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@StateDept Launches Inaugural Leadership Day — Who’s Missing? (Updated)

Posted: 1:07 am ET
Updated: 8:44 pm PT

 

In 2014, we saw a FAM update on Leadership and Management Principles for State Department Employees. Long, long, before that, there was Secretary Colin Powell and leadership. In 2000, FSI launched a new Leadership and Management School. Twelve years later, State/OIG still talked leadership (see State Dept’s Leadership and Management School Needs Some Leadership, And It’s Not Alone). For the longest time after Powell exited the State Department, the one part of the State Department that actively pursued leadership as part of it staff development is the Bureau of Consular Affairs (CA). CA developed the Consular Leadership Tenets  in 2006 after receiving input from 87 overseas consular sections. In 2007, somebody even got the then Under Secretary for Management Henrietta Fore to “talked” (PDF) about promoting leadership development, specifically citing the consular leadership tenets and what the bureau “is doing to cultivate a culture of leadership and results-oriented professional development.”

Now, we understand that there were a few folks at CA/EX who made possible the leadership initiative there, including Don Jacobson, the founder of GovLeaders.org. He was previously consular boss for Mission Brazil and received the Raphel Memorial Award for  “outstanding leadership and direction” of the consular team.  He once said:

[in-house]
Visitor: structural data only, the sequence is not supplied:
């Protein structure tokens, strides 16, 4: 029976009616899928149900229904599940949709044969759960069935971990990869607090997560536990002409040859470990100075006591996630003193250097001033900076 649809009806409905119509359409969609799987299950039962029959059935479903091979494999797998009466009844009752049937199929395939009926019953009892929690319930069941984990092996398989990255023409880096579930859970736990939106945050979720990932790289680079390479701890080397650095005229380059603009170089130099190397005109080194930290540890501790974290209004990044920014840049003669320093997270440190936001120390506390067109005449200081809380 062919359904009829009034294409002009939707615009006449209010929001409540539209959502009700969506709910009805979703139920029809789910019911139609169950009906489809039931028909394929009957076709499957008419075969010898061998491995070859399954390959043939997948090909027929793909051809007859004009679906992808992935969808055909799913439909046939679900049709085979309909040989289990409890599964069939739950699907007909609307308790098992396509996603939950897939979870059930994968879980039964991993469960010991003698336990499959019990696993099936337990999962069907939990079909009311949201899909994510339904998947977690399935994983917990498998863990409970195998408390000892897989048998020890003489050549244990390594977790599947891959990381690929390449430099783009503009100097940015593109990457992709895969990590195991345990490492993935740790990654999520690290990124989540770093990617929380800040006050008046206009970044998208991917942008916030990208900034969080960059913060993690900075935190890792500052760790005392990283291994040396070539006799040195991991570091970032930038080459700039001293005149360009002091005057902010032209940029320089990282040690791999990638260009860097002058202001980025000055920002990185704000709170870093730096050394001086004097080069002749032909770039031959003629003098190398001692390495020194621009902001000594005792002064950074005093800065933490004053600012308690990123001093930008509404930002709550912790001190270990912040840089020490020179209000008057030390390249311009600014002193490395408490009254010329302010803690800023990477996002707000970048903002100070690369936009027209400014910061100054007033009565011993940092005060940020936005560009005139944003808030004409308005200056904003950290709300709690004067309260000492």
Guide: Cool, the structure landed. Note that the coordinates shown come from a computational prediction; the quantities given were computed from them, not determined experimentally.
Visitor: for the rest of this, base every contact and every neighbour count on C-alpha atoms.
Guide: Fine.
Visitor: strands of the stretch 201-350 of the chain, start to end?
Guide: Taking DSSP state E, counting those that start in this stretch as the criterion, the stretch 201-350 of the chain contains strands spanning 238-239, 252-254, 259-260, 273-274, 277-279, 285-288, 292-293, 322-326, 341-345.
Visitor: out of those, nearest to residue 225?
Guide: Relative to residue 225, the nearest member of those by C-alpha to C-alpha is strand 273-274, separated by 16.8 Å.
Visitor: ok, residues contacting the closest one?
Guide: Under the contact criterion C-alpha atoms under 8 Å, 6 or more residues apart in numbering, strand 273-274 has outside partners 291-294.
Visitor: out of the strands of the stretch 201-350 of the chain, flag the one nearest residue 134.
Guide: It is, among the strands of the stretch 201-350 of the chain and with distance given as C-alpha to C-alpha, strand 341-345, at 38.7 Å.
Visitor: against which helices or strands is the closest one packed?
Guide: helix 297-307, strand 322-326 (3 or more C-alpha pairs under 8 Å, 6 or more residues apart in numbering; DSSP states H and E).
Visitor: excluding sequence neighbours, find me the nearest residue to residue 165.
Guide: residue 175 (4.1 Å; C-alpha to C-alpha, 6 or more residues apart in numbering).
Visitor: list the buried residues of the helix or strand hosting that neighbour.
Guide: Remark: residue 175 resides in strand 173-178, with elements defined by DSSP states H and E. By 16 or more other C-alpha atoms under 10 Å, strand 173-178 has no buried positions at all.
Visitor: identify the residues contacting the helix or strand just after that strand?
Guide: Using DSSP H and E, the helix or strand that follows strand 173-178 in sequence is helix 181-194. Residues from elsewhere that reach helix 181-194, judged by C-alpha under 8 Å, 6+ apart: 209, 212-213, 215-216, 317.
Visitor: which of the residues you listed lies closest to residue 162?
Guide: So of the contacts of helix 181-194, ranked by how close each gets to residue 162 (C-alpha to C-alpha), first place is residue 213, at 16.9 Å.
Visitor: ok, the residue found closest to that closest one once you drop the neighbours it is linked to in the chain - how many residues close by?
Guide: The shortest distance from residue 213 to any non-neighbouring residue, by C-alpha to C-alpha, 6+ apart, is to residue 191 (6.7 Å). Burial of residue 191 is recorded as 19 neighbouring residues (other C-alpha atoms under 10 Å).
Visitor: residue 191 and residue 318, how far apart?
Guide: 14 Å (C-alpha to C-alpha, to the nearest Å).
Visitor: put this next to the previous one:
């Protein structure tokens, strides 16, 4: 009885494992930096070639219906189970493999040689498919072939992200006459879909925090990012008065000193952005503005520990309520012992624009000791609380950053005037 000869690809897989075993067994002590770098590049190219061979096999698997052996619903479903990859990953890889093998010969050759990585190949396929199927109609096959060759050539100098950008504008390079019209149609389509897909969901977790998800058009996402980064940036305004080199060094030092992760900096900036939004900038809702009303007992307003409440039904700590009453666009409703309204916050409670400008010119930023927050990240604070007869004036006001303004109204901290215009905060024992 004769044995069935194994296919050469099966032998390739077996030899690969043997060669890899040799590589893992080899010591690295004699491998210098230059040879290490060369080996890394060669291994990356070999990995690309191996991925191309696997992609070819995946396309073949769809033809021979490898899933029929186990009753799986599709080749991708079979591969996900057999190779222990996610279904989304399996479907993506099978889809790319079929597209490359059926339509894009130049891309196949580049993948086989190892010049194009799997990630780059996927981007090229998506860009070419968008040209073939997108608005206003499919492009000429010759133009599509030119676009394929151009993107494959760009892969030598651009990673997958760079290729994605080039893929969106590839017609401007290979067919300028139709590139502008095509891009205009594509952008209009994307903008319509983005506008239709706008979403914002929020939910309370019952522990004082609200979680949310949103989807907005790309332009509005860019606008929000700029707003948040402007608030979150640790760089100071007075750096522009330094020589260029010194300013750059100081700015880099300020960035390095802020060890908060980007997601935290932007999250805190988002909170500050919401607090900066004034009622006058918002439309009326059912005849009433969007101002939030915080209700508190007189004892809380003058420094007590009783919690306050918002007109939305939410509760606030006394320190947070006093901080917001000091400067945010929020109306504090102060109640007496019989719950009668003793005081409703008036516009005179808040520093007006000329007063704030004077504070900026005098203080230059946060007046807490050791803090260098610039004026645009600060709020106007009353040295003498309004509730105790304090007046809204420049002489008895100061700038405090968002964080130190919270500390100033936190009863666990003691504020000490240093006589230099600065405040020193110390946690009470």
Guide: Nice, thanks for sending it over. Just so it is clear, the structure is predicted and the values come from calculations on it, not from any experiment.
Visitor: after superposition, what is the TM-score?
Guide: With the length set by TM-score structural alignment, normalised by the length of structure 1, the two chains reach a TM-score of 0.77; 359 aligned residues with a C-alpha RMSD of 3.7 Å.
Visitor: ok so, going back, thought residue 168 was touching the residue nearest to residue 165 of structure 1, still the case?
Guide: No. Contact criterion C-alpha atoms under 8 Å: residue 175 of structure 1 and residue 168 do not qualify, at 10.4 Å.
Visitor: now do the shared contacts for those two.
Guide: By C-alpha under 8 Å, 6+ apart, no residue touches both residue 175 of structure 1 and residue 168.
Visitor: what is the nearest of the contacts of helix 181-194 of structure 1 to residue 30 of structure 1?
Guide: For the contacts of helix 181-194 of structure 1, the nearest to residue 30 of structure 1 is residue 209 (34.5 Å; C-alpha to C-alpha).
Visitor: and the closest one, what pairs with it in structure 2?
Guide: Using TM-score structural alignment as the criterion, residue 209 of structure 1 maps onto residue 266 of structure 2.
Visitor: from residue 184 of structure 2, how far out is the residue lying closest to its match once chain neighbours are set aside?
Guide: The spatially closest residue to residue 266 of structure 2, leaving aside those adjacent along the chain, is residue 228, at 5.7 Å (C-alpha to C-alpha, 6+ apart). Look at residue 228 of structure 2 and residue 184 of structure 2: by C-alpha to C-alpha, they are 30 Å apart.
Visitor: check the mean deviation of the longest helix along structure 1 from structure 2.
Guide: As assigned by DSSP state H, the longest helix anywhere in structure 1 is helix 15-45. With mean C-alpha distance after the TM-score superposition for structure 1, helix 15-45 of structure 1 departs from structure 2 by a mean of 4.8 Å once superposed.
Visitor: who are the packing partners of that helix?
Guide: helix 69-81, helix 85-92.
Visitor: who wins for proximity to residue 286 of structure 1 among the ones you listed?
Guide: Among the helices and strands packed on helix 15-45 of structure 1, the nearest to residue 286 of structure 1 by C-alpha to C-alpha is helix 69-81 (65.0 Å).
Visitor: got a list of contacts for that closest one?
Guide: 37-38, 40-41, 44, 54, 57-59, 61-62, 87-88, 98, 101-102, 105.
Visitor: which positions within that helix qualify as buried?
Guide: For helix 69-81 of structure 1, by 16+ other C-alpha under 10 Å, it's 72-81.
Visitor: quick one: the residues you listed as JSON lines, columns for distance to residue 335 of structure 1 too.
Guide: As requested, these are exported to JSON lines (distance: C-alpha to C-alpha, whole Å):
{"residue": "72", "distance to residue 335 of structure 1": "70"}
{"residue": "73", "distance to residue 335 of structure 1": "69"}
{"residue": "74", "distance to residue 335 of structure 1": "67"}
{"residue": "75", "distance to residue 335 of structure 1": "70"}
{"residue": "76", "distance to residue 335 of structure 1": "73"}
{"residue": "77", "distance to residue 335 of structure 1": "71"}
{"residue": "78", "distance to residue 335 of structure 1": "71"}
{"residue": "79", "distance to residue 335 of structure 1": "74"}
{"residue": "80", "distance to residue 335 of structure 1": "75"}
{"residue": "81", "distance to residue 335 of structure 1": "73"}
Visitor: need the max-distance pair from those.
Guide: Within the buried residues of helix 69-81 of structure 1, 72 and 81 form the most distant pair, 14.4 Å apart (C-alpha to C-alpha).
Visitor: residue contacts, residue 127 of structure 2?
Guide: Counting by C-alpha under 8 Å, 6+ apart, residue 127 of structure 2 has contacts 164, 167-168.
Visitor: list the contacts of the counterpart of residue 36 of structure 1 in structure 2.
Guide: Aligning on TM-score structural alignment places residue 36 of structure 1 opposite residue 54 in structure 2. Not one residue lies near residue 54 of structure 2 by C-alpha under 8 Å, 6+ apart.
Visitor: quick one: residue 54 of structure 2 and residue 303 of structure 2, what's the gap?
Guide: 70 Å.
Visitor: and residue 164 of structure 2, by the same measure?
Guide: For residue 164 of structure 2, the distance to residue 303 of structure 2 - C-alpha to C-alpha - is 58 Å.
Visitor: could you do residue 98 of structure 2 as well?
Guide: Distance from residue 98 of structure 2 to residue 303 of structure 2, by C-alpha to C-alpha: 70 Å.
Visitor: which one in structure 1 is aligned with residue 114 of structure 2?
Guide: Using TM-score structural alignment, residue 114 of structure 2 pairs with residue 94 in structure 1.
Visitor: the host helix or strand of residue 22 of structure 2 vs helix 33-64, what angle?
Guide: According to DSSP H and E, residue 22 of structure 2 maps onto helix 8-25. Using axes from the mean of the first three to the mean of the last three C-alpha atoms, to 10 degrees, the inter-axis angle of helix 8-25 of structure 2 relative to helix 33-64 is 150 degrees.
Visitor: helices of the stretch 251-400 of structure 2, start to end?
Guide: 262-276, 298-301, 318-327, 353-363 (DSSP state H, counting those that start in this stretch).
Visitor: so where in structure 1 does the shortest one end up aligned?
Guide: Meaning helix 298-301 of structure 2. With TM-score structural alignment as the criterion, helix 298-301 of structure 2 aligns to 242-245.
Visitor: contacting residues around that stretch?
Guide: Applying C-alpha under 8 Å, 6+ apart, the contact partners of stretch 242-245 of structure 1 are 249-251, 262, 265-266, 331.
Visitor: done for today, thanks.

My best assignments have been those that involved “crucible” experiences–intense experiences rich in learning. For example, in Bogota we had a huge spike in workload and nowhere near the resources we needed to get the job done. We implemented some terrific innovations, but I also wound up burning out some of my officers. I learned a lot from that and have tried to take a much more balanced approach since then. At another post, I had some great opportunities to develop a stronger backbone. I terminated two employees and also had to protect my staff from a difficult senior boss. I used to avoid conflict as much as I could, but that is not helpful in a manager. Managers need to have a backbone in order to be effective—to speak truth to power, to protect their staff from abuse, and to deal with poor performance and unacceptable behavior. These things get easier with practice because, as I have found, difficult problems go away if you actually deal with them. 

Unfortunately, it does not look like he has a speaking part in the State Department’s big leadership powwow. Perhaps all those annual leadership awardees at State should be talking about leadership in practice?

Today, the State Department launched its first Leadership Day.  According to AFSA, the inaugural Leadership Day is organized by the State Department’s Culture of Leadership Initiative (iLead), a voluntary group of employees “working to strengthen leadership skills and practice throughout the State Department.” iLead originated with the 2014 release of the LMPs. The iLead forum is currently co-chaired by Carmen Cantor, HR/CSHRM Office Director; Michael Murphy, Associate Dean at FSI’s Leadership and Management School; and Julie Schechter-Torres, Acting Deputy Director of M/PRI.